What started as a common dental procedure ended up as a tragedy for a family in Maine.
18-year-old Benjamin LaMontague passed away this February after a wisdom tooth extraction. A medical examiner concludes that the teen was killed by a rare flesh-eating bacteria called necrotizing fasciitis.
According to Bangor Daily News the flesh-eating bacteria called necrotizing fasciitis eats away at muscles, fat and skin tissue and typically enters the body through a break in the skin, such as a cut or a scrape.
As the bacteria multiplies, it release toxins that kill tissue and cut off blood flow in the area, leading it to spread rapidly throughout the body.
Dr. John Molinari, infection control expert for the American Dental Association, told the outlet the bacteria is extremely rare.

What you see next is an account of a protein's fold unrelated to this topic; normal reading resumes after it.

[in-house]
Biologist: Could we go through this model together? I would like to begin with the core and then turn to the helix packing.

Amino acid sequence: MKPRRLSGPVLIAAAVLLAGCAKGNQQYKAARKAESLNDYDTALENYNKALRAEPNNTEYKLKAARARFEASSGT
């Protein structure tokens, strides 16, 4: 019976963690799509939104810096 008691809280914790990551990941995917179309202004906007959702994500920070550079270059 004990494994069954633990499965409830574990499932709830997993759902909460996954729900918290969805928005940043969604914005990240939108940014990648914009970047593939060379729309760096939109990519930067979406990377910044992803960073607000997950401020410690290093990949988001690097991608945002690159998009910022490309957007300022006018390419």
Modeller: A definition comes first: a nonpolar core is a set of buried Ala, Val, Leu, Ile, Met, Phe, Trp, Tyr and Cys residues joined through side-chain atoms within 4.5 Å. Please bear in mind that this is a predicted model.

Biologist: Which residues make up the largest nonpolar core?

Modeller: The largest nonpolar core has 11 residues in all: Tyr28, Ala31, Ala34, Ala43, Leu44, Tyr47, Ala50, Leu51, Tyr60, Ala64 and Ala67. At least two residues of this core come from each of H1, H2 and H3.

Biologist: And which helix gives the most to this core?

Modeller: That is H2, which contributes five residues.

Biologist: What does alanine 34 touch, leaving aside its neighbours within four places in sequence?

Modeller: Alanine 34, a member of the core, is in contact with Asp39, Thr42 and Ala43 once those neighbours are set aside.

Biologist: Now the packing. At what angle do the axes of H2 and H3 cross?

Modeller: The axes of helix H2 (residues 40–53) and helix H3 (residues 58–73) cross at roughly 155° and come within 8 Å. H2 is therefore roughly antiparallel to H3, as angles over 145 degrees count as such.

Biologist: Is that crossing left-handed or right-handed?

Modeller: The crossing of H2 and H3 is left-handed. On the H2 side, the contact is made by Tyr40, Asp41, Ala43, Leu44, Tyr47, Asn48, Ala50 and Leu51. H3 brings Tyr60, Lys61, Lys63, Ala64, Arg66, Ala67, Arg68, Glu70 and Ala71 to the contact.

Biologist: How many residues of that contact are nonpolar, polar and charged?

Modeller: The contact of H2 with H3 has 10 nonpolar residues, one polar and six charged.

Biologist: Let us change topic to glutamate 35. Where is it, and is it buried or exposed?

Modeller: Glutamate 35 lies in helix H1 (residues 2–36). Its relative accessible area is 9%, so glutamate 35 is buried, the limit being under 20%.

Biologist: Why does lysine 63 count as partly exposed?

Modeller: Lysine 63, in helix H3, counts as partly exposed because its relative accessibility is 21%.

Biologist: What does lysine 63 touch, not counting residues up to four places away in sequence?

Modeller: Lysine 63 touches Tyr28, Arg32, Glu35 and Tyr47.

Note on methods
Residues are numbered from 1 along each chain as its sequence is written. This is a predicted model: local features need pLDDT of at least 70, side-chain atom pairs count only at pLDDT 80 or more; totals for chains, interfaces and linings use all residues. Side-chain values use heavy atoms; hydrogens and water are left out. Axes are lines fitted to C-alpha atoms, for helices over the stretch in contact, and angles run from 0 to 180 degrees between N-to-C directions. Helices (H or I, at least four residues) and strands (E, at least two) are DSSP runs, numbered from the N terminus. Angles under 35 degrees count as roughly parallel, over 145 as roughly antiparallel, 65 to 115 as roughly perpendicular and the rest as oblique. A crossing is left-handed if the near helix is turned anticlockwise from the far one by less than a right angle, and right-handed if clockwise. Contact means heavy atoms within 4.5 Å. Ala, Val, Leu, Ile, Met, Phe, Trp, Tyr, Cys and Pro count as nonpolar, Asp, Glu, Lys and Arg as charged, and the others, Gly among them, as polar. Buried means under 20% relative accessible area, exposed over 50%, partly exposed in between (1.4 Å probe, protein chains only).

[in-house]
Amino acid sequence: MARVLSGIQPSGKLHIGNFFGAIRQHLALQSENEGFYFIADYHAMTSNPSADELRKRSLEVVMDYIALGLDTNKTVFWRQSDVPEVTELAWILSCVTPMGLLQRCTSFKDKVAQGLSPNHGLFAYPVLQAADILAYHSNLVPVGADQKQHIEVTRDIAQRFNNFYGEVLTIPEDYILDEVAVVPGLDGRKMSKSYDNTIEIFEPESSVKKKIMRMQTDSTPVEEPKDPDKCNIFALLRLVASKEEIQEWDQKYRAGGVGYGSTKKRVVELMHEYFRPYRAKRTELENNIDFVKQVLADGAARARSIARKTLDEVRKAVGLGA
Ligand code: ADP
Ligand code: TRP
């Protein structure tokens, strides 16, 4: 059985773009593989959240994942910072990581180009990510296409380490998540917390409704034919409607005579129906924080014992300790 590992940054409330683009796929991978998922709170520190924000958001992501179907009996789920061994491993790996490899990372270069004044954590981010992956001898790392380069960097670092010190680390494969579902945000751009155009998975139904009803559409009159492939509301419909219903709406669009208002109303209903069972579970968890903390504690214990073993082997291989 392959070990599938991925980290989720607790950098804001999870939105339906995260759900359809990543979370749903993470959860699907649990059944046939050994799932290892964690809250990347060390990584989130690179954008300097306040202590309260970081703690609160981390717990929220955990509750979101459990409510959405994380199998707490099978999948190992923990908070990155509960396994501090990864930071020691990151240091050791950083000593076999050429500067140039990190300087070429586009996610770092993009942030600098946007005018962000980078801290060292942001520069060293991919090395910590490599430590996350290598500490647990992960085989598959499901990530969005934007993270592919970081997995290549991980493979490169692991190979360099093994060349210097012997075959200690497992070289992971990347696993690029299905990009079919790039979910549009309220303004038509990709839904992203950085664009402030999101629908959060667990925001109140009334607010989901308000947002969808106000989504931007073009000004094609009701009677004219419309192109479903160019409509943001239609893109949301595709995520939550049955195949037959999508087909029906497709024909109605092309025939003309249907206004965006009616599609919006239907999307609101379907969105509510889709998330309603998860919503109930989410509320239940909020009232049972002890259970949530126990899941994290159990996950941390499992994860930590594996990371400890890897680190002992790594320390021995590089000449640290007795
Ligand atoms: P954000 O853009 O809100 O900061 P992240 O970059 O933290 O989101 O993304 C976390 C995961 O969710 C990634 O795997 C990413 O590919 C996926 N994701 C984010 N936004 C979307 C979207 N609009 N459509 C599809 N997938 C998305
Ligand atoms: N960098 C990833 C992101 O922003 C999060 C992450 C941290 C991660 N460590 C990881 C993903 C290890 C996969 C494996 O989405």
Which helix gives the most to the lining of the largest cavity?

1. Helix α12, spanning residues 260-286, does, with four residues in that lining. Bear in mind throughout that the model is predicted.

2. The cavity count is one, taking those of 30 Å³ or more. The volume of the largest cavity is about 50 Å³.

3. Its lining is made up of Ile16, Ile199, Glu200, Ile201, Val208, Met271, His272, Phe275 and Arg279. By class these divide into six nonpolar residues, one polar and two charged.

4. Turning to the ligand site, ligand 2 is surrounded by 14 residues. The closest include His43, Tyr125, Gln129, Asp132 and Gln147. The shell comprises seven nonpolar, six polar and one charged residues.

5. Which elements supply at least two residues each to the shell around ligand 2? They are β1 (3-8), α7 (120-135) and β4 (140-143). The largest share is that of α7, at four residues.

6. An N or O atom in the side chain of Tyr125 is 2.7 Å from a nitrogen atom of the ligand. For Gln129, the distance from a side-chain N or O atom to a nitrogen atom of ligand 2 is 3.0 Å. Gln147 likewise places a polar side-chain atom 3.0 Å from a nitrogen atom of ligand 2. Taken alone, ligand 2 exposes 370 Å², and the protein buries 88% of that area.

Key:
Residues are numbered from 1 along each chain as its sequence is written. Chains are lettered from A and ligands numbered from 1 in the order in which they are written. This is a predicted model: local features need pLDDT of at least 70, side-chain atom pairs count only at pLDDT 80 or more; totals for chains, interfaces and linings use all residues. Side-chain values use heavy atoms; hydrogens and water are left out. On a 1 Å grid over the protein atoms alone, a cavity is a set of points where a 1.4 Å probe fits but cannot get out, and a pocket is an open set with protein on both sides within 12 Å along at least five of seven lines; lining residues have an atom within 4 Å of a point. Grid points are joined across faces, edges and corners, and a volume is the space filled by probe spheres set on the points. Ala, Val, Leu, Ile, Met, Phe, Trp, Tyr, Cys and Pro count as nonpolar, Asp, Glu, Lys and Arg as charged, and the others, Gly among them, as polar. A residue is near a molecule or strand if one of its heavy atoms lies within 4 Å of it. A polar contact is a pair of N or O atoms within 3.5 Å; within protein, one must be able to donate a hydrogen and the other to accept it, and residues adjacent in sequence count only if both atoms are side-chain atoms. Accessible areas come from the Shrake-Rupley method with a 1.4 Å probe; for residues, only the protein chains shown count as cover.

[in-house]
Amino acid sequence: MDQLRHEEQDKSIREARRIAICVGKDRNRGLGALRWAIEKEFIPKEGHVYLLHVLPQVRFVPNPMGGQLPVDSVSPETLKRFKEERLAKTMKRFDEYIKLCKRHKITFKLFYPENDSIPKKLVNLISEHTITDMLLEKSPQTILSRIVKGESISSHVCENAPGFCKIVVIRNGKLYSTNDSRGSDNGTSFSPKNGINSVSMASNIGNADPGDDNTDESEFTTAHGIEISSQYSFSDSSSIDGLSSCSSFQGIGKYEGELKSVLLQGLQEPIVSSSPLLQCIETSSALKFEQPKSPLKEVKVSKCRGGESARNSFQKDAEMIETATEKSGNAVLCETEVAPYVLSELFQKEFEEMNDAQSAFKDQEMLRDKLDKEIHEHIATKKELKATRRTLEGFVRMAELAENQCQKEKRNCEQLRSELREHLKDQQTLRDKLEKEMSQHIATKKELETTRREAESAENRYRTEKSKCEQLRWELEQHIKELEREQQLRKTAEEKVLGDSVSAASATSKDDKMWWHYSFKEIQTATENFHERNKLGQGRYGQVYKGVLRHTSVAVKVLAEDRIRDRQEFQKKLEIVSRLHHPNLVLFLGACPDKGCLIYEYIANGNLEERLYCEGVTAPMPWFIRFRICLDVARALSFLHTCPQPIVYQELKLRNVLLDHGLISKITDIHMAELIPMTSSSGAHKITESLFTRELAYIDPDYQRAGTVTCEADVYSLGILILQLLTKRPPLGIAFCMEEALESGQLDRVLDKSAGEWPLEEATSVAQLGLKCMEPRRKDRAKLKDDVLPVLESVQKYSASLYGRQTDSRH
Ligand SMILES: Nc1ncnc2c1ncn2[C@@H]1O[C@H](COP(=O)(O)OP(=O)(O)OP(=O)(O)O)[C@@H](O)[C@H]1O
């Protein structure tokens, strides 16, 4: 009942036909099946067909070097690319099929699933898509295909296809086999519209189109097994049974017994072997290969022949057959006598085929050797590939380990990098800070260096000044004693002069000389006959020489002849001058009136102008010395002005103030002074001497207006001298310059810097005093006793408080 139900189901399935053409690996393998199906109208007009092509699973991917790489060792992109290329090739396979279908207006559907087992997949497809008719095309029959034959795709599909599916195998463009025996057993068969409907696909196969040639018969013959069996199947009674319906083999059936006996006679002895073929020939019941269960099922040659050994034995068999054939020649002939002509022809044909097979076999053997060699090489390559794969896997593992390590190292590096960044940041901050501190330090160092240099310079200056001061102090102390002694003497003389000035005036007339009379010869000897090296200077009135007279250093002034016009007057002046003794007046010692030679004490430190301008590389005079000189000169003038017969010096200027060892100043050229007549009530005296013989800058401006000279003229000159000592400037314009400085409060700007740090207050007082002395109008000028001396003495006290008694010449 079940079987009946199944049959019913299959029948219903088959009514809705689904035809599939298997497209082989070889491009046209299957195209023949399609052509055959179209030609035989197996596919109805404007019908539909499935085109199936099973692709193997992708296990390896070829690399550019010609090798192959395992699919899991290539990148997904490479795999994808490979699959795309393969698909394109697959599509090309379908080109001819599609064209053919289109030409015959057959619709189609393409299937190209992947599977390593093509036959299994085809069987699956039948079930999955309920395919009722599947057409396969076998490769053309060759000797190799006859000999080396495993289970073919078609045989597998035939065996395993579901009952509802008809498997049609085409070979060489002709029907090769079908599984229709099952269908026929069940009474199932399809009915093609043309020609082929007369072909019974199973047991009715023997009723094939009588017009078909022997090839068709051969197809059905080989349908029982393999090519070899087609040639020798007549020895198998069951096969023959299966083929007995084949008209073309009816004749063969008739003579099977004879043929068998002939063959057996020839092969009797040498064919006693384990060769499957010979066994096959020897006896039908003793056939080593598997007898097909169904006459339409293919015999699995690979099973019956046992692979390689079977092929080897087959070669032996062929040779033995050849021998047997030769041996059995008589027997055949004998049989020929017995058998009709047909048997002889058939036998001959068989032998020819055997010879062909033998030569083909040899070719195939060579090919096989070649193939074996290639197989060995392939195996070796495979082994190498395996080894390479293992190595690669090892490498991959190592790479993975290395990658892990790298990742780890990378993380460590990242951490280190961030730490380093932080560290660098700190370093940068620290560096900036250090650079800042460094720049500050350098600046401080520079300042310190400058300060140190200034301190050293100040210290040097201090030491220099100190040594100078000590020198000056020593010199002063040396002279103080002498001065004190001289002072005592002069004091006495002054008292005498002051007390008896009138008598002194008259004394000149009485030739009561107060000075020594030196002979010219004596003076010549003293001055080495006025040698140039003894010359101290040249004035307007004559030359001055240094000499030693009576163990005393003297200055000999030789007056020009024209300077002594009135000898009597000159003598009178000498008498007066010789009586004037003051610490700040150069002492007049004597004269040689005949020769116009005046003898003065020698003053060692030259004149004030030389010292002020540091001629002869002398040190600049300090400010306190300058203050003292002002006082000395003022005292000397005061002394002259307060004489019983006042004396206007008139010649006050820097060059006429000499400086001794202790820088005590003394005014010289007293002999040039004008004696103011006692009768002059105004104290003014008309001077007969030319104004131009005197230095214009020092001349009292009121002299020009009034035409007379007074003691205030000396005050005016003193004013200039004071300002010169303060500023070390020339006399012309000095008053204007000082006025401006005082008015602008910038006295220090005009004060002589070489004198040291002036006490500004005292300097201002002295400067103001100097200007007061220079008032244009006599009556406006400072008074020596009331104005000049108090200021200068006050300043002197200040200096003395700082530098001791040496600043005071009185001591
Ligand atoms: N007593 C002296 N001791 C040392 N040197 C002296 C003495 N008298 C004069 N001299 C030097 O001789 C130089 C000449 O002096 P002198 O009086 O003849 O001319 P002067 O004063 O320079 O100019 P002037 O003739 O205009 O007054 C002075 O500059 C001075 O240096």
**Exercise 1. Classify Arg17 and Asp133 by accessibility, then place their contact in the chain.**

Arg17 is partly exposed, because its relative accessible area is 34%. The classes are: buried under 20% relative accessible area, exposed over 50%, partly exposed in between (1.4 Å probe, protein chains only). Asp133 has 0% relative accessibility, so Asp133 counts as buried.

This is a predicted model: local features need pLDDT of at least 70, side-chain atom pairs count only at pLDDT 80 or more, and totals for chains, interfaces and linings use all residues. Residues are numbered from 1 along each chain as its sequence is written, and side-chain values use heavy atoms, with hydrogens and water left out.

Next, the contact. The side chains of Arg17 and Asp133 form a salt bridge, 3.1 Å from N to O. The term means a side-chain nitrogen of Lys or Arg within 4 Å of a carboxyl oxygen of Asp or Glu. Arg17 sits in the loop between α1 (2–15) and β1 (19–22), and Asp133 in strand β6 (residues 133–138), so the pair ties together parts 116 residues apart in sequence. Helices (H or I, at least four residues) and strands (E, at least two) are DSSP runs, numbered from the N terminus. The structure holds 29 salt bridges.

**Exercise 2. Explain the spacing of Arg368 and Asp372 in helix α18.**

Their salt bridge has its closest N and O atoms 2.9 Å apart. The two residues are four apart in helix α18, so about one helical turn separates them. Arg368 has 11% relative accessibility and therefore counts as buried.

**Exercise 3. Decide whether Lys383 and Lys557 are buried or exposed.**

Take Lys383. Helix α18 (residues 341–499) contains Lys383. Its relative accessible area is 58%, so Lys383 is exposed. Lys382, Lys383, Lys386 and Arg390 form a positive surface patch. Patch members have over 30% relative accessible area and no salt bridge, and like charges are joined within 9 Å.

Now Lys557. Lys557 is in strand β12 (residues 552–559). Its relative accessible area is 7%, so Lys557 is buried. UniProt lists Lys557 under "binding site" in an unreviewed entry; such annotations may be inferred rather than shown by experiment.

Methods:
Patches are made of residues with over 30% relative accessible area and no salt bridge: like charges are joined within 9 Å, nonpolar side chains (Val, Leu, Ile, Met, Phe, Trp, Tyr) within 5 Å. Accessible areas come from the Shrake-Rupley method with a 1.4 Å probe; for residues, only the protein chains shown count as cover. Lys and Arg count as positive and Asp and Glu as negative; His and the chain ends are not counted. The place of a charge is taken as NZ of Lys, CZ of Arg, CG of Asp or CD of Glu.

Lynn, Benjamin’s mother, called for assistance at 1am when her son stopped breathing. The teen had reportedly suffered common swelling and pain following the procedure and by Friday, it had intensified. But by the early morning hours, the young boy had passed away.
The Long Island community, where Benjamin’s family lives, were left shocked by the unexpected death. Benjamin was a talented clarinet player, who had been accepted at Pennsylvania’s Sunderman Conservatory of Music.
We send our condolences to Benjamin’s family.
SOURCE: Bangor Daily News | VIDEO CREDIT: NDN